The sell-off, set to be announced next month, will be the first wholesale privatisation since Labour came to power.
Plans to privatise the Tote, abandoned by the former Conservative government, have been dogged by problems because of its key role in funding the racing industry. Racing's friends within government, who include Robin Cook, the Foreign Secretary, have been fiercely arguing behind the scenes that the Tote should not be divorced from racing or sold as a purely commercial interest.
The Treasury is now understood to have abandoned its plans to sell the Tote for its top value. They want to ensure that pounds 9m a year of its pounds 17m profits continue to go to the sport.
Ministers feared if they introduced a Bill to sell the Tote to a betting shop chain such as Ladbrokes or float it on the stock market, racing's allies in Parliament would scupper their plans. Mr Cook, who until last year wrote a tipsters' column in a Scottish newspaper, has been arguing within government that racing should have a stake in the running of the Tote.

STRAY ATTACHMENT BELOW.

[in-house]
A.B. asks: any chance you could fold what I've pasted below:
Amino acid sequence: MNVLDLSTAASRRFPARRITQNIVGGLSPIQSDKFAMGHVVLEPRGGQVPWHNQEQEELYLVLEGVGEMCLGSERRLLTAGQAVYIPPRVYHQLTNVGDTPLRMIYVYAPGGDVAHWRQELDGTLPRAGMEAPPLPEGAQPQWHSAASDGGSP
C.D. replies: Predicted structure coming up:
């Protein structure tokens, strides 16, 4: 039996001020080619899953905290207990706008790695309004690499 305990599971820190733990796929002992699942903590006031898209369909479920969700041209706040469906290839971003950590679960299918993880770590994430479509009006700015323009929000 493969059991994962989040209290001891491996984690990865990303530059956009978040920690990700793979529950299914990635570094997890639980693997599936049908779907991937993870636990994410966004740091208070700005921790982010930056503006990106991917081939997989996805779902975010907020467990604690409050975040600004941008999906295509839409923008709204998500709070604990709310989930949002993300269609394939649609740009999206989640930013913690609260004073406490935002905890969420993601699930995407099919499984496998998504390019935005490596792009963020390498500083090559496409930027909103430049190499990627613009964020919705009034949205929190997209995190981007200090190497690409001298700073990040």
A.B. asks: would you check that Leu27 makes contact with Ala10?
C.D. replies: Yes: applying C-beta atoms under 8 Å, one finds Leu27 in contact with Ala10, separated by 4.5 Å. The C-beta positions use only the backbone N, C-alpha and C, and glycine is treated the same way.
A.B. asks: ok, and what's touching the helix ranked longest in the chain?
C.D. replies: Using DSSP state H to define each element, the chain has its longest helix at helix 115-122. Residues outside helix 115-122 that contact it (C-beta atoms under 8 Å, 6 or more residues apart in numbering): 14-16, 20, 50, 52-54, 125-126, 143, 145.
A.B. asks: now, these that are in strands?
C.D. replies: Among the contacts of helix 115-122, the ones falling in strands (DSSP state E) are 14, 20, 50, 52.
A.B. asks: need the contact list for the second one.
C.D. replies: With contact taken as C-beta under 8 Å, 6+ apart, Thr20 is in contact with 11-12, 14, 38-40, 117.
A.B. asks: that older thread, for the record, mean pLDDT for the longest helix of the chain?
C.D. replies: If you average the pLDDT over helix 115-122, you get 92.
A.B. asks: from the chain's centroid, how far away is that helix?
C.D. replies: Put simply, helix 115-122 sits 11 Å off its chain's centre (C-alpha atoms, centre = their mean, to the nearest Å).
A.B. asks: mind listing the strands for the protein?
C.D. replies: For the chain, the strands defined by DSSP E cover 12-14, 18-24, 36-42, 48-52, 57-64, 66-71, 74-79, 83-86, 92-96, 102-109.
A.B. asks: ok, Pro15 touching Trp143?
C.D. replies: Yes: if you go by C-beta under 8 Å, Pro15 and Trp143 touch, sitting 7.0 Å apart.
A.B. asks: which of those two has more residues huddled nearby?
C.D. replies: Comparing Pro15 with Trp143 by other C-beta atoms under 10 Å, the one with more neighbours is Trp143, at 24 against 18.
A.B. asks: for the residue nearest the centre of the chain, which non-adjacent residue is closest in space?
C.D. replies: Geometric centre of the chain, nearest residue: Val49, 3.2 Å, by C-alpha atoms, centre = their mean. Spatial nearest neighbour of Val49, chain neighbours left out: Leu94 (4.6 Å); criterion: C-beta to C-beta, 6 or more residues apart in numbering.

The Treasury has now agreed the Tote should continue to plough its profits back to the sport even after it has been sold. The corporation is one of racing's main sources of income.
Trustees of the new privatised company will include the Jockey Club, the Racehorse Owners' Association, and the British Horse Racing Board (BHB). Ministers blocked the BHB bid to be handed control of the Tote.
"The Trust is a New Labour-type solution," said a source privy to the privatisation plans. "The notion is that the Government will get the full value for the Tote's free cash flow."
The Conservative government's repeated attempts to sell the Tote were blocked by the racing lobby, which feared it would lose one of its main sources of income. The Tote has the monopoly on racecourse betting shops, and runs 250 high-street bookies. Next weekend it stands to take pounds 10m in bets on the Grand National at Aintree, its busiest day of the year.
The Tote wants to borrow from the City to expand its betting shop chain, but, because it is owned by the state, the debt would show in the Government's borrowing figures. The Treasury wants to take the Tote's debt out of government figures. Privatisation will mean it can borrow from the City without the Government's permission. It also means the Tote can enter new markets such as casinos and nightclubs.Reuse content